Wednesday, May 11, 2011

Grammar Quiz Wednesday


Welcome to grammar day at Seriously Write. Ready to test your skills? The following sentences may contain grammar, punctuation, spelling, or other writing misdemeanors. Your job is to find the infraction and set it right. Try not to look at the answers below.

Have fun!

Sentences to correct:

1)      I’ve been repeatedly hit over the head with the same message. I’ve heard if from pastures and I’ve read it in devotionels. Quite simply we’re to ask God for what we want, believing we’ll receive it.

2)      Why don’t we ask God for more? Are we afraid the answer will be no? Are we afraid He’ll think our requests to trivail? Or that well appear selfish?

3)      You want something, but don’t get it…You do not have, because you do not ask God. When you ask, you do not receive, because you ask with wrong motives…  James 4:2 -3 (NIV) We can’t expect God to answer requests we haven’t made—or made in faith, believing they’ll be answered.

4)      We’re not only to ask, were to include details. When desiring a husband or wife, wouldn’t it be better to ask for a person with specific qualities as opposed to just asking for spouse? If your willing to take any man or women you might not like watts included in the package!

5)      That doesn’t mean hell automatically give us everything we ask for. He only wants what’s best for us. And, if are requests are purely biased on selfish reasons, we may not get the answers we’re hoping for.

6)      Delight yourself in the LORD and He will give you the desires of you heart. Psalm 37:4  (NIV) God wants to be good to us. Tell Him what’s in your heart.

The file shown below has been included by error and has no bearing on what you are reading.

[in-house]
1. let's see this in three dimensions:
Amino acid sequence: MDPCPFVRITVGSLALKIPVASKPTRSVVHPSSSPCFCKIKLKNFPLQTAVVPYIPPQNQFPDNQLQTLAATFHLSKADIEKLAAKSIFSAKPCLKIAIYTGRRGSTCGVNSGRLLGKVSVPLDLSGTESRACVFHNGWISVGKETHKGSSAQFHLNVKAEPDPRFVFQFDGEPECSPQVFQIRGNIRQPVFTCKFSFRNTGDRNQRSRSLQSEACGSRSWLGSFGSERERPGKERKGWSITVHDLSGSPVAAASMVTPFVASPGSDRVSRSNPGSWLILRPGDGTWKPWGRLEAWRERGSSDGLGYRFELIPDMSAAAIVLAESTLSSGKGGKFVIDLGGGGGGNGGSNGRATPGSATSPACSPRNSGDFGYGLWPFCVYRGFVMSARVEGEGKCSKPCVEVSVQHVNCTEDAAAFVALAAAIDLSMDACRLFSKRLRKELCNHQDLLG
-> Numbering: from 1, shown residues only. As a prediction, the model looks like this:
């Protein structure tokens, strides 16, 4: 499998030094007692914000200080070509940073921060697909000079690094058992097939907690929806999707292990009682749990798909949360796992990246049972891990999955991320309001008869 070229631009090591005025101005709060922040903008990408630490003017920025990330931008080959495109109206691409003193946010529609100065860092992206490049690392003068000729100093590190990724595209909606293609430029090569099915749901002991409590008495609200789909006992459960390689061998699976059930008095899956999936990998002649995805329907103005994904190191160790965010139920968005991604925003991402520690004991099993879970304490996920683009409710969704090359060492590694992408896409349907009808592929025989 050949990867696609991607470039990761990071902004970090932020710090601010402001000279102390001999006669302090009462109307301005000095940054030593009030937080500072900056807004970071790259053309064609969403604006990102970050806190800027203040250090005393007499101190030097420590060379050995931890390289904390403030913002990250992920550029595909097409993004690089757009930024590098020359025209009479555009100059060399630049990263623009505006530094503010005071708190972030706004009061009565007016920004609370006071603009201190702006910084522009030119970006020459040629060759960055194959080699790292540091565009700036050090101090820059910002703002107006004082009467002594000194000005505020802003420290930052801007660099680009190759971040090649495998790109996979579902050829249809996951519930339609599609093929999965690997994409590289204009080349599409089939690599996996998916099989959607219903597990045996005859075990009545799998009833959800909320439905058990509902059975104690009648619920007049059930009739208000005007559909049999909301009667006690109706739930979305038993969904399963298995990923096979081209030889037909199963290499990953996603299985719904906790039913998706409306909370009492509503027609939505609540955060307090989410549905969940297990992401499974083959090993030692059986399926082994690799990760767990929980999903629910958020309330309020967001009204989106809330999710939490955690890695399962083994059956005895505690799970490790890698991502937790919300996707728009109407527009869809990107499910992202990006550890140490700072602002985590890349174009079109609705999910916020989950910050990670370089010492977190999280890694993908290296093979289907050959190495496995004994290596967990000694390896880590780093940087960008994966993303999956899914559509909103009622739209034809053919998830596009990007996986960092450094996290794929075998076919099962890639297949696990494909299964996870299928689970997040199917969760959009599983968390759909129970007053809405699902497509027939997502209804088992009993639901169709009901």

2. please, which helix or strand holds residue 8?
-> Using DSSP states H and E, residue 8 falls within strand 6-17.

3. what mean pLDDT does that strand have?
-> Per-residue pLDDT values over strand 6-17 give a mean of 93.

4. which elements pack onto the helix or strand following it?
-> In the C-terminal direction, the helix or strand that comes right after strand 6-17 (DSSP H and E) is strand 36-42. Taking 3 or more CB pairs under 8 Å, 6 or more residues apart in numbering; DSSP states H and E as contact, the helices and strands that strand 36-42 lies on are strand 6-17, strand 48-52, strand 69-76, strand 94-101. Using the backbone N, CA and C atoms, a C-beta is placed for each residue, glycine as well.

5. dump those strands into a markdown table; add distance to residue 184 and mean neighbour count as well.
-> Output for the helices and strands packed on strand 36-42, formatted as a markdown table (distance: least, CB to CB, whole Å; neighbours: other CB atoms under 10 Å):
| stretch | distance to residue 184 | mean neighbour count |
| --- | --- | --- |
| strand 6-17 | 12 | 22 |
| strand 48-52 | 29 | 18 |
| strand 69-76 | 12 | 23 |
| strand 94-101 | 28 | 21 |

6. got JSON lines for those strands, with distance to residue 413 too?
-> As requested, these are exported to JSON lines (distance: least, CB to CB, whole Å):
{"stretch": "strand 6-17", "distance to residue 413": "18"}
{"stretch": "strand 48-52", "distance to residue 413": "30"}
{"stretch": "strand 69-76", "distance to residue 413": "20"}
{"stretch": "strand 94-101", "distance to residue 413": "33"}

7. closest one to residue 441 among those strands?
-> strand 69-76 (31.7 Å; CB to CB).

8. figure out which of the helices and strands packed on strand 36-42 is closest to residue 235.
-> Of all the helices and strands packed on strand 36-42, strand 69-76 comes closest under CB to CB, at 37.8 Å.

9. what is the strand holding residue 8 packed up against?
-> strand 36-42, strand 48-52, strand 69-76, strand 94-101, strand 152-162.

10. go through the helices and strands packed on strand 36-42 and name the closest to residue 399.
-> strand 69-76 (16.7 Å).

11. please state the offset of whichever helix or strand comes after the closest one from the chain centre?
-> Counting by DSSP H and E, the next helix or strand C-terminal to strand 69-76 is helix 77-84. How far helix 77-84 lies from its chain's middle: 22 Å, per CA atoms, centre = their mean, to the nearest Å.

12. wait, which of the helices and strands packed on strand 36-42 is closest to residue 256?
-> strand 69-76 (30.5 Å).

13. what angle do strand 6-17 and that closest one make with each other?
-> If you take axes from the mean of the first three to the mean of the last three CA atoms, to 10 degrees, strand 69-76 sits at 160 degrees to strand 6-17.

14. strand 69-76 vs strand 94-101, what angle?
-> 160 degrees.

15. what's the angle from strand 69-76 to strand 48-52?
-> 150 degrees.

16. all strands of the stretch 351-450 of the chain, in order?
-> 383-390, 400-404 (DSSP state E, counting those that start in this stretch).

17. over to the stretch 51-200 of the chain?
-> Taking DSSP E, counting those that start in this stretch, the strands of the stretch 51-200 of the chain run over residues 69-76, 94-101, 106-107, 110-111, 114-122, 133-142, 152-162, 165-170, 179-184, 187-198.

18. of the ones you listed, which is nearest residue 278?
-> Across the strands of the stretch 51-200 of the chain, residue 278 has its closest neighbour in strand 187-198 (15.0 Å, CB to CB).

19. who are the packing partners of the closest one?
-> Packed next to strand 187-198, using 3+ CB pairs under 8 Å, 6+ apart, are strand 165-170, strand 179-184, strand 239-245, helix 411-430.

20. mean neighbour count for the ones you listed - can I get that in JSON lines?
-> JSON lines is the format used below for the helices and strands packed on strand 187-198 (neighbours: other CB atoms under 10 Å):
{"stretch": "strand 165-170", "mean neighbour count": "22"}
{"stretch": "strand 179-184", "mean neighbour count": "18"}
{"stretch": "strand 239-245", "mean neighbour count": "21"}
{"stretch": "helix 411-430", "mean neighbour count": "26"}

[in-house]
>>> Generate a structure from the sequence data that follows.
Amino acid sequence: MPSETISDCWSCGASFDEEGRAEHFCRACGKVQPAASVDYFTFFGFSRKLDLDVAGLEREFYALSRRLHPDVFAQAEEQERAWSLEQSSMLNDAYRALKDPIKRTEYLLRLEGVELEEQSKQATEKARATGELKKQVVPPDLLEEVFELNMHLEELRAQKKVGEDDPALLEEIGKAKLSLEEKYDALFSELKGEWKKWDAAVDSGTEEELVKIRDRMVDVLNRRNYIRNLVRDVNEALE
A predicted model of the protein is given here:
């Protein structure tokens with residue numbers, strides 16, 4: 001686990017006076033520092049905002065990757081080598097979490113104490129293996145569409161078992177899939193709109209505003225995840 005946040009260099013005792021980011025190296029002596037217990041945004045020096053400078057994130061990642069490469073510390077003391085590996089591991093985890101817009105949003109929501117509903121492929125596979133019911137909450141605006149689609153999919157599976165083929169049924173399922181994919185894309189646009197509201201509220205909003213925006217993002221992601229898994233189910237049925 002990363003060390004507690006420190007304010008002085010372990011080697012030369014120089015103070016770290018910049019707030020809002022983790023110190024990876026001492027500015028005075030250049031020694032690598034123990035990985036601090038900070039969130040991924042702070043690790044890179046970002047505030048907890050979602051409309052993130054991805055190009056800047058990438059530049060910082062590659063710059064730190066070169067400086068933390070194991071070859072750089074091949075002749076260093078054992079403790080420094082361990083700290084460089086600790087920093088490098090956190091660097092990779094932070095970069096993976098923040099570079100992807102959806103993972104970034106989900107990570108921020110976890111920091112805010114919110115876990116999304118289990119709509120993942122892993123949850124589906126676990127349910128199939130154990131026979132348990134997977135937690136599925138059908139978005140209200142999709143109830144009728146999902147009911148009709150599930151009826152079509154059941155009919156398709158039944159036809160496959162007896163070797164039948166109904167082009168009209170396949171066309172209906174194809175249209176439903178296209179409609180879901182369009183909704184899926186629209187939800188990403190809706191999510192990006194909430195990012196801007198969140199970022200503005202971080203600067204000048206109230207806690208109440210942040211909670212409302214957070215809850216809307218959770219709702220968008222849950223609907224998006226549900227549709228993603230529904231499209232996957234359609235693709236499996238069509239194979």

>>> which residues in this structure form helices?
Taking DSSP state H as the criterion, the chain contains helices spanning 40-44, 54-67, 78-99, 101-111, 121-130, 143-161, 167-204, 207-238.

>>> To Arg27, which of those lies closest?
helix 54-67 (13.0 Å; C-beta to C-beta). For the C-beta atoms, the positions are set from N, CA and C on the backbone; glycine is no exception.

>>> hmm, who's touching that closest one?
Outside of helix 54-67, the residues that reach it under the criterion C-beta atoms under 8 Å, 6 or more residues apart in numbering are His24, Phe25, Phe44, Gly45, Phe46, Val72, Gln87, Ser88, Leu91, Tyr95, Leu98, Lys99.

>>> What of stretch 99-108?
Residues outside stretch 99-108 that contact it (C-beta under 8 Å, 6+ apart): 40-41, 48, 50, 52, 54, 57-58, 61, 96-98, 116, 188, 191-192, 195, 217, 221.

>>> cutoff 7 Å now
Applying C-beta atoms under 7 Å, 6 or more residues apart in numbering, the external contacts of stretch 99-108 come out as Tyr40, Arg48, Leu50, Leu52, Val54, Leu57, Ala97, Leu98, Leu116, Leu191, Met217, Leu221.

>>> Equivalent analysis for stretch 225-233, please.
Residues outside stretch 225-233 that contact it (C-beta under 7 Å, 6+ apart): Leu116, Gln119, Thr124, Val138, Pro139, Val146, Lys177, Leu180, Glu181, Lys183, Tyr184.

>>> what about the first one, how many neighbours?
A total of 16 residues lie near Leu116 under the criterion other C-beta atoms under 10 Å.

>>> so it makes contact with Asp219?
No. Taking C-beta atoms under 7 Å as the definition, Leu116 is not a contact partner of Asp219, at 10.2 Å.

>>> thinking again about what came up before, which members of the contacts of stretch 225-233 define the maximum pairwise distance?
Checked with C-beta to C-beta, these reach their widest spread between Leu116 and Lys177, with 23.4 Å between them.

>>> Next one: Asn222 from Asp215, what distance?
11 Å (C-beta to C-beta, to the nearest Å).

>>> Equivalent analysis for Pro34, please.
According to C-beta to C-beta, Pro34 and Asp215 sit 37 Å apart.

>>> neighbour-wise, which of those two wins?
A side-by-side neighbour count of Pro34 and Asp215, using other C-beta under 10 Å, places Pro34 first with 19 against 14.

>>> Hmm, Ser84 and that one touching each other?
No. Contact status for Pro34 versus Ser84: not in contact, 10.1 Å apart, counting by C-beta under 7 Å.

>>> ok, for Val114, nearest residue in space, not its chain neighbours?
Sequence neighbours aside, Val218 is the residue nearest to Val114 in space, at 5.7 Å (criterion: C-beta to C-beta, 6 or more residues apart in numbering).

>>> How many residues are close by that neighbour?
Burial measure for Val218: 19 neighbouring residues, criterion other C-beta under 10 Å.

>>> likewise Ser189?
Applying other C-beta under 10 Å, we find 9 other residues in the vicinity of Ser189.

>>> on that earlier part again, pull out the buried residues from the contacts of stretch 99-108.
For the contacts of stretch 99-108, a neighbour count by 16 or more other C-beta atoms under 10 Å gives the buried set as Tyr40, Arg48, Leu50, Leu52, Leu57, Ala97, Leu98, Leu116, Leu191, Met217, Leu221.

Corrected sentences:

1)      I’ve been repeatedly hit over the head with the same message. I’ve heard if from pastors, and I’ve read it in devotionals. Quite simply, we’re to ask God for what we want, believing we’ll receive it.

Note: There should be a comma after pastors. An independent claus is a part of sentence that could stand on its own as a complete sentence. If you put two of these together and join them with a conjunction (and, but, or, etc.), separate them with a comma.
Note: A comma is also needed after “simply.”


2)      Why don’t we ask God for more? Are we afraid the answer will be no? Are we afraid he’ll think our requests too trivial? Or that we’ll appear selfish?

Note: Remember, we’ve covered this before. The CMOS and the CWMS both state that deity pronouns should not be capitalized. And most publishers agree. There is a long list of reasons why. But, if an author feels strongly about capitalizing He, Him, etc. when referring to God, the publisher will usually accept it. If you choose to capitalize the pronouns, it’s important to be consistent throughout the manuscript.


3)      You want something, but don’t get it.…You do not have, because you do not ask God. When you ask, you do not receive, because you ask with wrong motives” (James 4:2-3 NIV). We can’t expect God to answer requests we haven’t made—or made in faith, believing they’ll be answered.

Note: A period is added before an ellipsis to indicate the omission of the end of a sentence and /or added material immediately following the period.


4)      We’re not only to ask, we’re to include details. When desiring a husband or wife, wouldn’t it be better to ask for a person with specific qualities as opposed to just asking for spouse? If you’re willing to take any man or woman, you might not like what’s included in the package!


5)      That doesn’t mean he’ll automatically give us everything we ask for. He only wants what’s best for us. And, if our requests are purely based on selfish reasons, we may not get the answers we’re hoping for.


6)      Delight yourself in the Lord and he will give you the desires of your heart” (Psalm 37:4 NIV). God wants to be good to us. Tell him what’s in your heart.

Note: It’s important to write the quote exactly as it is in the Bible, and in this case, the deity pronoun “he” is not capitalized. On the other hand, it’s preferred that the word LORD, which is completely capitalized in the NIV is not written that way when quoted.


How well did you do?

Like anyone else, I’m not perfect. I use The Chicago Manual of Style, The Christian Writers Manual of Style, and Webster’s Dictionary as my sources.

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